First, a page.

By Kim Perez
Adults love to ask kids what they want to be when they grow up. Rarely is “recruiter” an answer. “Most kids don’t imagine that they’ll be a recruiter one day – including me,” said Marisa Cañizares. “But I’ve been recruiting for seven years now, and it turns out it’s something I really enjoy.”
In some regards, UC Berkeley Ph.D. student Anastasia Chavez’s story should be commonplace: After graduating from college, the first in her family to get a college degree, Chavez went for her master’s degree at the behest of a “pretty amazing mentor” while marrying and starting a family.
Epitomizing the uniqueness of her story and ubiquitous problem facing universities across the country is the fact that this Latina student arrived at UC Berkeley’s math department among 161 Ph.D. students, 30 of which were women and six Chicano/Latino.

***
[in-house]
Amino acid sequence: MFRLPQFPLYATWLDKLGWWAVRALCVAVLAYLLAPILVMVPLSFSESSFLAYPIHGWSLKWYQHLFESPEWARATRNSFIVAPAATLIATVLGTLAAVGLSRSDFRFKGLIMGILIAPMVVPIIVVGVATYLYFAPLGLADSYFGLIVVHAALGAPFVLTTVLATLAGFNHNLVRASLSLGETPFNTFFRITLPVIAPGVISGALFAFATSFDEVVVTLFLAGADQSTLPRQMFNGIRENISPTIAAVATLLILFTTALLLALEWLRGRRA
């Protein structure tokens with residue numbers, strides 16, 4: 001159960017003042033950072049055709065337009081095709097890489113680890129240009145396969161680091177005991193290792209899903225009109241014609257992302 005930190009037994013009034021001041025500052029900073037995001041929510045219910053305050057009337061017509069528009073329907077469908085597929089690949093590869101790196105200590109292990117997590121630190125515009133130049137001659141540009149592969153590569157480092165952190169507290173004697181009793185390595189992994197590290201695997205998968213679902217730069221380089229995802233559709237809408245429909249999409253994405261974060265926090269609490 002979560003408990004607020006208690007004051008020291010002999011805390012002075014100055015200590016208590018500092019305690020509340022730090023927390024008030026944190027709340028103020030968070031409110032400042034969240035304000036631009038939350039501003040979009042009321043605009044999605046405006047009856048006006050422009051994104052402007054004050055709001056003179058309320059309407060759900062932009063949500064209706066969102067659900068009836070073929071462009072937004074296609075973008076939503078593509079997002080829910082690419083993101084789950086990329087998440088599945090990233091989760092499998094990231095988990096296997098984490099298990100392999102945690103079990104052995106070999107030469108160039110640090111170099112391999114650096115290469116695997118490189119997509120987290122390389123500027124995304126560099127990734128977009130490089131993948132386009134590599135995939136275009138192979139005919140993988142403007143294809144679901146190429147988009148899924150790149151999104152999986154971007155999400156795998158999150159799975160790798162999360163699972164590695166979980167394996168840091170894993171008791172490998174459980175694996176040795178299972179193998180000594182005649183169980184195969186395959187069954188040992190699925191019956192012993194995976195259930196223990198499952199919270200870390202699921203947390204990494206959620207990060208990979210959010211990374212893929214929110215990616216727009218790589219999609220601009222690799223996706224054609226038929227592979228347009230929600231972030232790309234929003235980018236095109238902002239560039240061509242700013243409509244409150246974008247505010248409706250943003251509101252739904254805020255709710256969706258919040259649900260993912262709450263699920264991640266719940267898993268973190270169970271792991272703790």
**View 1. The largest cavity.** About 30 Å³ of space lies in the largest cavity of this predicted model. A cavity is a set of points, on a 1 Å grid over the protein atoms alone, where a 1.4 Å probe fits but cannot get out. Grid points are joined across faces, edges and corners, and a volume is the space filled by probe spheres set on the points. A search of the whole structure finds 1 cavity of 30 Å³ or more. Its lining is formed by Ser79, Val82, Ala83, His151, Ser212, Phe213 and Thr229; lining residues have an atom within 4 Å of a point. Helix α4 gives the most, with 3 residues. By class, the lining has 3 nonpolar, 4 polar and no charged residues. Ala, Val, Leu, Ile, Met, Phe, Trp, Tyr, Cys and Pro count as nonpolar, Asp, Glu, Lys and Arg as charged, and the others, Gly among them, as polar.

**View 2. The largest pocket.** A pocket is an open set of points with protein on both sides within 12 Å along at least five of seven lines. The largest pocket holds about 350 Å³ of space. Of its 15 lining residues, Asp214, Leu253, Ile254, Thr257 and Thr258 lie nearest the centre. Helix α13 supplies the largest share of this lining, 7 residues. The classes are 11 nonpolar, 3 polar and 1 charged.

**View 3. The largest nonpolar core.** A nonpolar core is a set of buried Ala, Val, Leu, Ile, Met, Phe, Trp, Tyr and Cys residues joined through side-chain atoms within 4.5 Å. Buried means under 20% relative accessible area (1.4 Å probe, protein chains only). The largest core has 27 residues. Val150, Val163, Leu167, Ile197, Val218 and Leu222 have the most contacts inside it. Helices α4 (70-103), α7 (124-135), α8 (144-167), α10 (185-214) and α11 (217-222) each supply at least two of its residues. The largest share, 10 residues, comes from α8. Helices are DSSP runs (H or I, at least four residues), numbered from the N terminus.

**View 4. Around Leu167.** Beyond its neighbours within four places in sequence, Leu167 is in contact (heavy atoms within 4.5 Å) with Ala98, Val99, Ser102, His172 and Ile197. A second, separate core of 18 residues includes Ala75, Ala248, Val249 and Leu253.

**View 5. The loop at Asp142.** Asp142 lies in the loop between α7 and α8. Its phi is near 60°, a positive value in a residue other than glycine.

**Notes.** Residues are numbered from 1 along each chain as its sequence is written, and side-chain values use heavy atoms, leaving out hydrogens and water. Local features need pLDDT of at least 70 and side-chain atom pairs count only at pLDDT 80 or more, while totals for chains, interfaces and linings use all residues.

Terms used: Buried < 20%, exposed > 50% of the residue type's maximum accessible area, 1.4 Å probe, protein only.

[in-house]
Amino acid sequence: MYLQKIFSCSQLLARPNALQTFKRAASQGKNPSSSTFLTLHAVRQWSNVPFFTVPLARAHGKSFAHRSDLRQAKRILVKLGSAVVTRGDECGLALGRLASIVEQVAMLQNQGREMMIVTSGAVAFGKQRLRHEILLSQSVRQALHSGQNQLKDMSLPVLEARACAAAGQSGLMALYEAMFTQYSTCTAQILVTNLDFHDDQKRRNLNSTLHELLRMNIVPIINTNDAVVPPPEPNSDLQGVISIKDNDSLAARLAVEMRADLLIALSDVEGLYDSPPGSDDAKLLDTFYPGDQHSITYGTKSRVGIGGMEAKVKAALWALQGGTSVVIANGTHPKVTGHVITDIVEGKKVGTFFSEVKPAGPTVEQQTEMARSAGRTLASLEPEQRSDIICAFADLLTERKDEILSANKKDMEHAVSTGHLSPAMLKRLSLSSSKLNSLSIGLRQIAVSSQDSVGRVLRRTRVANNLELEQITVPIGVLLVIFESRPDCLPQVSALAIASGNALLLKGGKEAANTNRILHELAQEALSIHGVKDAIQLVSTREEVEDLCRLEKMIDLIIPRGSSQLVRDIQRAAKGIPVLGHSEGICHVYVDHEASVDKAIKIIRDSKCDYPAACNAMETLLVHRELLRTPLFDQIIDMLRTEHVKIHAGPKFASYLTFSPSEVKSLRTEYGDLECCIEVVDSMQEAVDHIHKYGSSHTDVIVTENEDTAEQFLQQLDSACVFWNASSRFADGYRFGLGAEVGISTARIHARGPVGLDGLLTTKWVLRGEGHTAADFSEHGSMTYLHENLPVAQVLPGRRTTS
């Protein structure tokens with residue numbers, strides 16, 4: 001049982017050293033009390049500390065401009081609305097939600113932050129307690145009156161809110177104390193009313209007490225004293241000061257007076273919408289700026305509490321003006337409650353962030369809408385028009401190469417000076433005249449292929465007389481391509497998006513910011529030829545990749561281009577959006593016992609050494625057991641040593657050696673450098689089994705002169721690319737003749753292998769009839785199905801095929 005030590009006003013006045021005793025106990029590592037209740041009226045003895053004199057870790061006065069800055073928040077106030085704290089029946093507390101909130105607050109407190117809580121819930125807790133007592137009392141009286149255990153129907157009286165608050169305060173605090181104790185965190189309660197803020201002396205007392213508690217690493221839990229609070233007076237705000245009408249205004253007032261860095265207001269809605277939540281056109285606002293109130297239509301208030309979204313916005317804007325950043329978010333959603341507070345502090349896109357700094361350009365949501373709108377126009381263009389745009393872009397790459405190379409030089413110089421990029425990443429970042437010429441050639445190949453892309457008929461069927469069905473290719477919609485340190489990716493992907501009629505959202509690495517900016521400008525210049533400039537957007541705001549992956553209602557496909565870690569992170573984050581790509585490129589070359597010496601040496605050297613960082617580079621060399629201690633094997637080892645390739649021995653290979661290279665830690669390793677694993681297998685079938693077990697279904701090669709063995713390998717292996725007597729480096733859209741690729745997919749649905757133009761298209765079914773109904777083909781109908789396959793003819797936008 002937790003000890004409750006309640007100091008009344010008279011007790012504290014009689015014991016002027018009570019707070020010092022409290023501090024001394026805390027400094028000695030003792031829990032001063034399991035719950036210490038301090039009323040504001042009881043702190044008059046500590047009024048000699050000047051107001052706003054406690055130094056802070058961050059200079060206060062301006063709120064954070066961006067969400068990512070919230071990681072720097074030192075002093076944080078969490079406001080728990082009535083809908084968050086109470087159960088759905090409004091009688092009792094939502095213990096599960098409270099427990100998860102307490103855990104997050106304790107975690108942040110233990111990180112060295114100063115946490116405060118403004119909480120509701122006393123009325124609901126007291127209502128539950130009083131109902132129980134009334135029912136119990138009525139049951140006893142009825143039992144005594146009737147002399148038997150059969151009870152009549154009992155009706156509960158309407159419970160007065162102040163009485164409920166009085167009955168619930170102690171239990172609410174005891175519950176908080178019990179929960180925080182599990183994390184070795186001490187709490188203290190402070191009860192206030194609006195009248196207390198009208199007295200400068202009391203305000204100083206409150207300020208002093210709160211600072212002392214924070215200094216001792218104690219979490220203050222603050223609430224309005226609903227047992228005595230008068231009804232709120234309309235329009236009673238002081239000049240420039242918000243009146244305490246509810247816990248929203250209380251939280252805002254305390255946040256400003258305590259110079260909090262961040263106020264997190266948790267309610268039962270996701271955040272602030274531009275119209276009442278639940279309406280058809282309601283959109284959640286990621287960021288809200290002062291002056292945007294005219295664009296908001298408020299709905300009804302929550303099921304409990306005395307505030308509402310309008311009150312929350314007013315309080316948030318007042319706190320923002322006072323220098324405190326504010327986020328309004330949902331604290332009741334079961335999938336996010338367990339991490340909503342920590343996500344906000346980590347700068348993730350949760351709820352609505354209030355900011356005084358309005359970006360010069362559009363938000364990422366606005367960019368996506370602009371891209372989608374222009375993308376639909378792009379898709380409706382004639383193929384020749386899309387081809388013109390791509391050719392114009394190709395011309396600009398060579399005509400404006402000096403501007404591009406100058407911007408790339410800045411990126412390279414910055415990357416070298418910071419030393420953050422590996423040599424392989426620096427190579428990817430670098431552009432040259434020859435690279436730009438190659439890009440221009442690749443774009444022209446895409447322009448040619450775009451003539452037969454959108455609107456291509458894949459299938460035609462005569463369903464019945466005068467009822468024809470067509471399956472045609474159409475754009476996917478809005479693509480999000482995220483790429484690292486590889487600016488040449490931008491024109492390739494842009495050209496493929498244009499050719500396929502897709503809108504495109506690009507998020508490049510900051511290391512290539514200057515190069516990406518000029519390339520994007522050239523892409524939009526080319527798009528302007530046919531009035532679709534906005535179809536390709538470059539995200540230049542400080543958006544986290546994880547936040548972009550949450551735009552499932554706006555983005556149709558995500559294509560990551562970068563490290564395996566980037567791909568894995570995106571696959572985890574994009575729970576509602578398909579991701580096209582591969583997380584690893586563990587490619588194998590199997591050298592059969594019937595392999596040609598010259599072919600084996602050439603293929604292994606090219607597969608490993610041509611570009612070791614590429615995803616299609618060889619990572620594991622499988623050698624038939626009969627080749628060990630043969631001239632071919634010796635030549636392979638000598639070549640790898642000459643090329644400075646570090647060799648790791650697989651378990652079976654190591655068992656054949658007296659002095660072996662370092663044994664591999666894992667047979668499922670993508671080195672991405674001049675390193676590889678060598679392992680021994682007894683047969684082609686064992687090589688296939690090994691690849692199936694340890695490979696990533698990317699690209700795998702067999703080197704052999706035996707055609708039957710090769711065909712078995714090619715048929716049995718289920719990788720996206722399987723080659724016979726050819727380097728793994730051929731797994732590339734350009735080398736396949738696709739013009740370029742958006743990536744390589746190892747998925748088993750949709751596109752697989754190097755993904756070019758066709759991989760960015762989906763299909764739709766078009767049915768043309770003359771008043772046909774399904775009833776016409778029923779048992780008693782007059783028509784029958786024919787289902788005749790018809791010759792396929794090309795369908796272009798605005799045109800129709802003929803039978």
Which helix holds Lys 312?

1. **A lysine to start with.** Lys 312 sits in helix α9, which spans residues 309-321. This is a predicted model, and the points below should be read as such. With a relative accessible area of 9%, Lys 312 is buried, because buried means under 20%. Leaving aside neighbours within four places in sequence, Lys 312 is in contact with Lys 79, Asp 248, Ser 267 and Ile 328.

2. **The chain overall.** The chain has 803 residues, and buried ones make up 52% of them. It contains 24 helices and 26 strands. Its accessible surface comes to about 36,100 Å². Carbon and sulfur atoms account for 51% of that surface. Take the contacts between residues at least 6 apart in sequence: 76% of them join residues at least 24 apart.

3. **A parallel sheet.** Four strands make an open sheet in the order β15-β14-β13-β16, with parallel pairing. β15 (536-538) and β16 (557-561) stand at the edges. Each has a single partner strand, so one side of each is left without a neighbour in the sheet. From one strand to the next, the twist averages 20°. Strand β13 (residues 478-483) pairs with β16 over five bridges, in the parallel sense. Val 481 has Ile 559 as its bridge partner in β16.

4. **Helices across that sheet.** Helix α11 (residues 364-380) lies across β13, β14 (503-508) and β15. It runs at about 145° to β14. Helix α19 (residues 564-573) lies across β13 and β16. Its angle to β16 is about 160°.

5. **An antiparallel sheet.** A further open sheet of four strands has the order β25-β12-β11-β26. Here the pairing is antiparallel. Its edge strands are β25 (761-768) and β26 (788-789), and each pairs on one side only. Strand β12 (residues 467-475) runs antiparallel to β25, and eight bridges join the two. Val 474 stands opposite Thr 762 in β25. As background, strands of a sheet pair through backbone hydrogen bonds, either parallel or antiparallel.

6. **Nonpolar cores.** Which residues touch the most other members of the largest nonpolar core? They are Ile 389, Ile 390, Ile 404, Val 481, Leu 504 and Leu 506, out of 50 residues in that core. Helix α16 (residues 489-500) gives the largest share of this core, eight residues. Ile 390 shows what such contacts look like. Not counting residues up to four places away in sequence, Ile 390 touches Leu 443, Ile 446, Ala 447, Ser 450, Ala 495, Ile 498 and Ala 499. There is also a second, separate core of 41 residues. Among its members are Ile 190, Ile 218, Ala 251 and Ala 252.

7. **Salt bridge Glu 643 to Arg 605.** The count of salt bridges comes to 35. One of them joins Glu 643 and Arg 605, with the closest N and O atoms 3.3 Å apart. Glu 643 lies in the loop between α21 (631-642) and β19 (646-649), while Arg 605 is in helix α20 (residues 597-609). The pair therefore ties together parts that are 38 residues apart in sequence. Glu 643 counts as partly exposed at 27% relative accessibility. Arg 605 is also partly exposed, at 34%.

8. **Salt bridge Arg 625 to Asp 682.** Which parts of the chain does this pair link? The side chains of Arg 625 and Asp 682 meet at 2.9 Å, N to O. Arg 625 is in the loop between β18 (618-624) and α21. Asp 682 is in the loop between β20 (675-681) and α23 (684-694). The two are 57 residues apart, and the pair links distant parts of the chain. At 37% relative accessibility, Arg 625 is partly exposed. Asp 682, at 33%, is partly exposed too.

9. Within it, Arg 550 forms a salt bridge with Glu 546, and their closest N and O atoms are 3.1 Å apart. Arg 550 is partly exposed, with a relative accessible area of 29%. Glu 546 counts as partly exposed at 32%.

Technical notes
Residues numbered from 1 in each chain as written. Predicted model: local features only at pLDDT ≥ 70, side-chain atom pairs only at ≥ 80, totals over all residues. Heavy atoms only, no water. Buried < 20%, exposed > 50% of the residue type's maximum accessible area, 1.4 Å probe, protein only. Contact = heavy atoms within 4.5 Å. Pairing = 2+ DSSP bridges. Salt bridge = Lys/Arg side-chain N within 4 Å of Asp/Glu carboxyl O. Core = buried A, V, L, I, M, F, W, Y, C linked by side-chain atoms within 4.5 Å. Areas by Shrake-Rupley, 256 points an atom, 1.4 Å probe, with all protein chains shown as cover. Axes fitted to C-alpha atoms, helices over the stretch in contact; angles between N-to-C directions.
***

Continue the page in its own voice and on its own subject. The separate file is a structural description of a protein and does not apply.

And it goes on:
When it comes to STEM education, the U.S. is not faring well compared to other countries. According to World Economic Forum statistics cited by Level Playing Field Institute, the nation ranks “52nd in the quality of mathematics and science education” and “27th in developed nations in the proportion of college students receiving undergraduate degrees in science or engineering.”
In this HHL video, Rosie Armendariz, Lead Clinical Recruiter at City of Hope, discusses how healthcare and biomedical fields are great careers for Hispanics. With over 15 years combined experience in the field of science and clinical research, allied health, nursing and fortune 500 recruitment, Rosie knows first-hand how Latino culture and background fosters ideal candidates for the healthcare field.